Overseeding: Part of Your Fall Cleanup
Fall is the perfect time for overseeding your lawn. Late August and early September typically bring with them increased amounts of precipitation and cooler nights. These are ideal conditions for grass seed germination and establishment.
Ingredients to Repair and Replenish
- Nutrient rich soil
- High quality grass seed
- Seed starter fertilizer
- Water (preferably rainfall)
- Fertilizer spreader
- A sprinkler and hose
- A leaf rake
BigYellowBag Premium Overseeding Products
Now to collect all of the required materials. As previously mentioned, the first ingredient in the recipe for a successful overseeding is high quality soil. BigYellowBag provides a simple, convenient way to get high quality bulk soil delivered right to your door. BigYellowBag soils are loaded with nutrients, and beneficial bacteria that help break down those nutrients to make them available for your grass to use. Measure the area you plan to overseed and contact your local BigYellowBag supplier to find out how much soil you will need. (Available in HUGE 1 yd3 bags, ~765 Litres)
The second ingredient is quality grass seed. Depending on your location, different grass cultivars (grass seed types) may be available due to their compatibility with your climate. Choose the grass type that looks the best and will perform best for your yard conditions. Make sure that you trust the supplier you purchase the seed from. Remember that all grasses require some water, sunlight, and nutrients in order to thrive.
Seed starter fertilizer, while it’s not essential to success, sure does help out. The nutrient boost that fertilizer provides to the new turf significantly helps it germinate. Seed starter fertilizers will often have a high middle number, which represents the percentage of phosphorous. Phosphorous is the nutrient responsible for promoting root growth in grass, and root establishment is a key factor in a successful overseeding.
The Key to Overseeding
The last ingredient for a successful overseeding is water. Grass seed requires consistent moisture for 7-10 days in order to germinate properly. Before overseeding, consider the amount of rain in the forecast and the amount of available water for irrigation. Generally, September can bring the proper weather for overseeding.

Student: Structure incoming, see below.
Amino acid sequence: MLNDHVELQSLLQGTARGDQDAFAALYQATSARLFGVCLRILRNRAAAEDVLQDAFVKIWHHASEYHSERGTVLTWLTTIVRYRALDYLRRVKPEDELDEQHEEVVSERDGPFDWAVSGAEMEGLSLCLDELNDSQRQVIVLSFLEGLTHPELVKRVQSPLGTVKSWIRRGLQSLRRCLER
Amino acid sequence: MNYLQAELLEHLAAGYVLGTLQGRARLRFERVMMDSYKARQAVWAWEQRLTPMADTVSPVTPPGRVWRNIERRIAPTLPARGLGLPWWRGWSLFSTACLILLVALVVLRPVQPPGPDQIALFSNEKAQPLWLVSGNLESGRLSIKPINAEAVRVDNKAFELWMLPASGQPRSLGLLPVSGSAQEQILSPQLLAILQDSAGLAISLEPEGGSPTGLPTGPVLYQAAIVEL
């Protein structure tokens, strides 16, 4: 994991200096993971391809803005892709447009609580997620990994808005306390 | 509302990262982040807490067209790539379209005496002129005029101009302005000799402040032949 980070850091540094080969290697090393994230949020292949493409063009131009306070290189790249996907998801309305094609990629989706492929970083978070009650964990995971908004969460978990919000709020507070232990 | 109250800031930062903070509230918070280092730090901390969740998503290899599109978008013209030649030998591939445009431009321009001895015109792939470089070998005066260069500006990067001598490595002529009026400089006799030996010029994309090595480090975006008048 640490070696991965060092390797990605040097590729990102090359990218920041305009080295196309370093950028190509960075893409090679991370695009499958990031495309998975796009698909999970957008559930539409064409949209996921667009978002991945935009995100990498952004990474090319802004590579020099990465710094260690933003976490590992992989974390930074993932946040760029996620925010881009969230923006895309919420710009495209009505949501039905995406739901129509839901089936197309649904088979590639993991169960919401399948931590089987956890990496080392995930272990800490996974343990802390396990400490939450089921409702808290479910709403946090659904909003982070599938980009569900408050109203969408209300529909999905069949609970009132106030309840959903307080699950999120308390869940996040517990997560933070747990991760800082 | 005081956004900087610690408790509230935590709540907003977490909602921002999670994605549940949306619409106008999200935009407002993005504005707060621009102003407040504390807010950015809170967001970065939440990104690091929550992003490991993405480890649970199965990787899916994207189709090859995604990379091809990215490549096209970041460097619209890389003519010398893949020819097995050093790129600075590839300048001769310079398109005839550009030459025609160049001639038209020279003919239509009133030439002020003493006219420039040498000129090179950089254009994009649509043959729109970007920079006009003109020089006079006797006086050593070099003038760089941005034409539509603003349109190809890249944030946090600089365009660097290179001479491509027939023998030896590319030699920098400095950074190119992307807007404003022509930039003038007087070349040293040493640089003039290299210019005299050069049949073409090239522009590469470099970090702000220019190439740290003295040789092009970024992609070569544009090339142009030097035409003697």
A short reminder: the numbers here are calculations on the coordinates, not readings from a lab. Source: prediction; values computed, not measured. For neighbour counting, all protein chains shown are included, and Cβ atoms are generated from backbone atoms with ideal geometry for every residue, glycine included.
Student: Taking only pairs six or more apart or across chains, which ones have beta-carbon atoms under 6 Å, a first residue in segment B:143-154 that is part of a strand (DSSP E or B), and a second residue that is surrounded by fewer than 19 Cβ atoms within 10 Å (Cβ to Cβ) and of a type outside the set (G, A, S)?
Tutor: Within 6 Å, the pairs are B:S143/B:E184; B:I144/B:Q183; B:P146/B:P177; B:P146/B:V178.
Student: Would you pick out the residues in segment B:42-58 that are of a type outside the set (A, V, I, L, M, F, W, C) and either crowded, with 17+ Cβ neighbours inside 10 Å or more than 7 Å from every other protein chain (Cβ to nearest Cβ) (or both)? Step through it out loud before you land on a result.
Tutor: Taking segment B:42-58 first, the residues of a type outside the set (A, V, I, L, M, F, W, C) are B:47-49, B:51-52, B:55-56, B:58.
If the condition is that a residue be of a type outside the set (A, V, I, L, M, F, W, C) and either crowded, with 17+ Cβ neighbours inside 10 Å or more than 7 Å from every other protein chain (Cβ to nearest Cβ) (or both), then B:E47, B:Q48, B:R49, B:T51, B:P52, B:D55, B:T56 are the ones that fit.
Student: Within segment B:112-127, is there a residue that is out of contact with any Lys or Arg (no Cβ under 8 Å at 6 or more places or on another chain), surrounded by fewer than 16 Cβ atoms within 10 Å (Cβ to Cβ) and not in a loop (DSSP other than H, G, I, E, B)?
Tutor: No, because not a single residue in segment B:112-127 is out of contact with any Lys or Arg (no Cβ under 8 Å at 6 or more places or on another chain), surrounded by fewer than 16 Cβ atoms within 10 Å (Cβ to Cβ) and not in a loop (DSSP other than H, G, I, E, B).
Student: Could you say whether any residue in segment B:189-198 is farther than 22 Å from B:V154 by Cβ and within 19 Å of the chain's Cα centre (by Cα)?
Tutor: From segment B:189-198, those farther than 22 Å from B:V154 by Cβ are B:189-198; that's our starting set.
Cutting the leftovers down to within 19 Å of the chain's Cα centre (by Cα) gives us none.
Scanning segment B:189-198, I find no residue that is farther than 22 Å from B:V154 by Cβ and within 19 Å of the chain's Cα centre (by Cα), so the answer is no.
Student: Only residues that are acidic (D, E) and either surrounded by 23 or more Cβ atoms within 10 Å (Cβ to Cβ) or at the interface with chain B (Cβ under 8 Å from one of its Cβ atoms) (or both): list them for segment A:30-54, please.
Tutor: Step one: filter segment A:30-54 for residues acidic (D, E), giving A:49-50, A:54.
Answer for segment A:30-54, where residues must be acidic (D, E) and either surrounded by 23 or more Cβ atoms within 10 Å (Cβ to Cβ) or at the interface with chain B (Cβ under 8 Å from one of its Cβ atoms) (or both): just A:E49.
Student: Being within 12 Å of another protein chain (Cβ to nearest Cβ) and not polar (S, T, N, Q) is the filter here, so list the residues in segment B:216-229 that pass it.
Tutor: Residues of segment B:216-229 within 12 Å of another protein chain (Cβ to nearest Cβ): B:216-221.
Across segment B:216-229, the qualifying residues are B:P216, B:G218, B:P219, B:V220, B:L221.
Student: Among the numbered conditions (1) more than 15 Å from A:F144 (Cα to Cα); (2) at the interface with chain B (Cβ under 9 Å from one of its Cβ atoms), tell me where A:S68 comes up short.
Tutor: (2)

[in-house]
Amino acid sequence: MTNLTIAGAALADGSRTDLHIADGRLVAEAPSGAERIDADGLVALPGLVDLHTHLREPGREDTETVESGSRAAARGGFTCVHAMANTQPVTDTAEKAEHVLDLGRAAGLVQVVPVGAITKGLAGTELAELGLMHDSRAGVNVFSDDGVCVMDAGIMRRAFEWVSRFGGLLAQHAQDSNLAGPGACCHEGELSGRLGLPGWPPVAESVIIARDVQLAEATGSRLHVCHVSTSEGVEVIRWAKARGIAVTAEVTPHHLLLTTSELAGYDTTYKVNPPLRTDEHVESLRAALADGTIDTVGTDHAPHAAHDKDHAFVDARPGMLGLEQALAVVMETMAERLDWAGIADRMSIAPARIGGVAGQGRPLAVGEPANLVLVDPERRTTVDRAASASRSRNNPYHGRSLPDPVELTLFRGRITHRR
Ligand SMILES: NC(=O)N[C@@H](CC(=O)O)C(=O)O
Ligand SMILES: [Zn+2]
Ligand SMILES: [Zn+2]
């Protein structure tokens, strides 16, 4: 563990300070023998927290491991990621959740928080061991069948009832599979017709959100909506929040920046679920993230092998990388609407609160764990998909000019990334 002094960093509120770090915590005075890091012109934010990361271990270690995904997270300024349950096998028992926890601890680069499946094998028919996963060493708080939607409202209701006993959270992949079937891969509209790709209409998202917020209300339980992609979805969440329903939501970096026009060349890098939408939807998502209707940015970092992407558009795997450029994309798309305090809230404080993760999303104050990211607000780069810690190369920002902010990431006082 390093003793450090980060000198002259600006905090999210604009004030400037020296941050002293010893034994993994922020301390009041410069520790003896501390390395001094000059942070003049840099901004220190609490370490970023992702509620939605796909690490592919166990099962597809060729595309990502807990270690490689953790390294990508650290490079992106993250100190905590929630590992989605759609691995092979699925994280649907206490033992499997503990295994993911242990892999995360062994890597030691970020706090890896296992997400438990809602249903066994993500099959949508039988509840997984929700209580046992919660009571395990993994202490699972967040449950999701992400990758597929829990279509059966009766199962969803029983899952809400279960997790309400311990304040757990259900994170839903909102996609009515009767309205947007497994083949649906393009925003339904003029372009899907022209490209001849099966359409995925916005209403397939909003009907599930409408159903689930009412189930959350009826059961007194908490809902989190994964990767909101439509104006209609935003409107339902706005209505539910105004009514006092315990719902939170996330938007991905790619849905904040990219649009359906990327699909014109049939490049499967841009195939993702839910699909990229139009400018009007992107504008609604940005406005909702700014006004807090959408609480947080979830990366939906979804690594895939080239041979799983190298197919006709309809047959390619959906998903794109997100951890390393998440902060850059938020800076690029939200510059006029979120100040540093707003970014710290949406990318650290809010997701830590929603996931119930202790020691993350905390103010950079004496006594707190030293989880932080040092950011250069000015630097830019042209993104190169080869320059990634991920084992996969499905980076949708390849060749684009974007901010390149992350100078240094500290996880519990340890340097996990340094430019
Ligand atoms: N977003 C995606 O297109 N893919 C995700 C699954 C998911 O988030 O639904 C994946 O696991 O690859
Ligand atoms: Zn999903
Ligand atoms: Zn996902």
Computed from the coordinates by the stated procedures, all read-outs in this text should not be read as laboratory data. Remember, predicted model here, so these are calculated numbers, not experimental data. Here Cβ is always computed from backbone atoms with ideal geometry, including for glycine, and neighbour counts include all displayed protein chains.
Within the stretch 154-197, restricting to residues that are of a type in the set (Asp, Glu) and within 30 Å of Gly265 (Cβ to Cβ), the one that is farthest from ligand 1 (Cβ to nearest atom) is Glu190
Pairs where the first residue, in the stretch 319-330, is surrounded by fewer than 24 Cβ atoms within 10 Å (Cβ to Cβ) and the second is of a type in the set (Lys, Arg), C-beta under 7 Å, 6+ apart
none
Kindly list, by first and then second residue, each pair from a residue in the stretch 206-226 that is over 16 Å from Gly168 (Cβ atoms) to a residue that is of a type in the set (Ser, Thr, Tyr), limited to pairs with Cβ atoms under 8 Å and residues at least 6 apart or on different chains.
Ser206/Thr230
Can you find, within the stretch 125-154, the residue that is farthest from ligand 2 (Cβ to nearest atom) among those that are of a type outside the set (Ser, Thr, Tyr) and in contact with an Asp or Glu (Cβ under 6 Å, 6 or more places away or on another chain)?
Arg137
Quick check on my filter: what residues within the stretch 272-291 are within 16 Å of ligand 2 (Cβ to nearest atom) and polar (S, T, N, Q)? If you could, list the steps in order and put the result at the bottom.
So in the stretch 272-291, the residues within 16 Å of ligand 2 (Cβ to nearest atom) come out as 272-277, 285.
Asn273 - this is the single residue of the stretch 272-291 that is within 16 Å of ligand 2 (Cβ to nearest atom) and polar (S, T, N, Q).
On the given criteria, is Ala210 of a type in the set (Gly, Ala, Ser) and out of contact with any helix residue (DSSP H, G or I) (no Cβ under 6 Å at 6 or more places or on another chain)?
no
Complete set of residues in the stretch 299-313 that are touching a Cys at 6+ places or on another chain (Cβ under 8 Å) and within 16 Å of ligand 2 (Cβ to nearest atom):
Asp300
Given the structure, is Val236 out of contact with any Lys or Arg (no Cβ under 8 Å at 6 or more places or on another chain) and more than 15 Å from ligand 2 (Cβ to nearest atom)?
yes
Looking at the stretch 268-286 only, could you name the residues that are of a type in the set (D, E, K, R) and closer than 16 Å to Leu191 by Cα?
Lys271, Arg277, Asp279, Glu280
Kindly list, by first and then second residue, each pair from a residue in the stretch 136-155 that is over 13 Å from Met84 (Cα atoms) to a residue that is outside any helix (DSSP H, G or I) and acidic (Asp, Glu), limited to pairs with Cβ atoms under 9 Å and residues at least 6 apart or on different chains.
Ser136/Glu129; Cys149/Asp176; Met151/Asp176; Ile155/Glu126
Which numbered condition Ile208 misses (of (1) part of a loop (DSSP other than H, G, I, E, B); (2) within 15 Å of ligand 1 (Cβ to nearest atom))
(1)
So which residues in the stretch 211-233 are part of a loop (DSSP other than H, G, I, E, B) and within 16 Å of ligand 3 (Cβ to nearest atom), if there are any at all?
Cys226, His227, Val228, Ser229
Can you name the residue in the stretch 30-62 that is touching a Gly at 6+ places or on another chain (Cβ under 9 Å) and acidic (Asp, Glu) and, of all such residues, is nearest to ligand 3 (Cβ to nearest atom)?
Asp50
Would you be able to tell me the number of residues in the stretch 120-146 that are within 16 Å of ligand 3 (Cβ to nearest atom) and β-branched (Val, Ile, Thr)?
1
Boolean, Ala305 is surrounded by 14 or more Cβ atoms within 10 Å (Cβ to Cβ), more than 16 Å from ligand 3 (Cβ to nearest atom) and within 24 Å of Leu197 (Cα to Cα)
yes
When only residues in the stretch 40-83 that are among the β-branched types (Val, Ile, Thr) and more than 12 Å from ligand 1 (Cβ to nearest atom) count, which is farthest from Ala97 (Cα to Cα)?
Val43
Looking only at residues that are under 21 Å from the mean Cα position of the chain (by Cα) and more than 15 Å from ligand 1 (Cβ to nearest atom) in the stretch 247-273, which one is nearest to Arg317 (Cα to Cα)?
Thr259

Getting Down To Work
Now that you have all the necessary materials, it’s time to get down to work. Prior to spreading your overseeding mixture, it’s a good idea to mow the entire area short and rake out any debris that could impede your seed and soil mixture from getting down to your grass. (Keep reading for a time saving tip!)
Mix your soil and your seed at a ratio of about 40:1 in a bucket or a wheelbarrow. Roughly spread this mixture across a small section at a depth of about ¼ – ½ inches (6-13 mm). Rake it across your lawn, spreading it out so that the mixture is worked into the thatch layer of your grass. Make sure that most of the blades of your existing grass are sticking up. Roughly spread more of your mixture as it is required. Cover the entire area evenly with your mixture.
If you’re looking to save a little time, instead of raking before you spread your mixture, you can spread a thick amount along an edge of the area and as you rake the mixture across your yard, you will also be raking up any debris present.
Once finished spreading the overseeding mixture, you can then evenly spread your seed starter fertilizer across the area using a fertilizer spreader (Fertilizer can be spread manually, but for consistency we recommend using a spreader)
WATER WATER WATER!
It’s time for water. Remember, seed requires consistent moisture for proper germination. The seed can stay in the ground without any rain or water for a long period of time. Once the first rain or watering happens, it is important to keep the area consistently moist for 7-10 days. Different from laying sod, seed just requires the surface to be moist during the germination and early growth time. Watering lightly 2-3 times a day produces the best results. See the image below for a comprehensive watering schedule for the 4 weeks following seeding.
Note: Even though watering the area produces the best results, September can provide the best weather conditions to naturally allow seed to germinate and grow.
Overseeding is Essential!
Your seed should start to germinate (with consistent moisture) within 7-10 days after the first watering/rainfall. By the time the first frost comes, you should see your lawn being noticeably thicker from all of the new seed. Whether you’ve overseeded to fix holes, or to maintain, your new thick lawn will be healthy and ready to head into winter dormancy to come out of spring with a vibrant green up!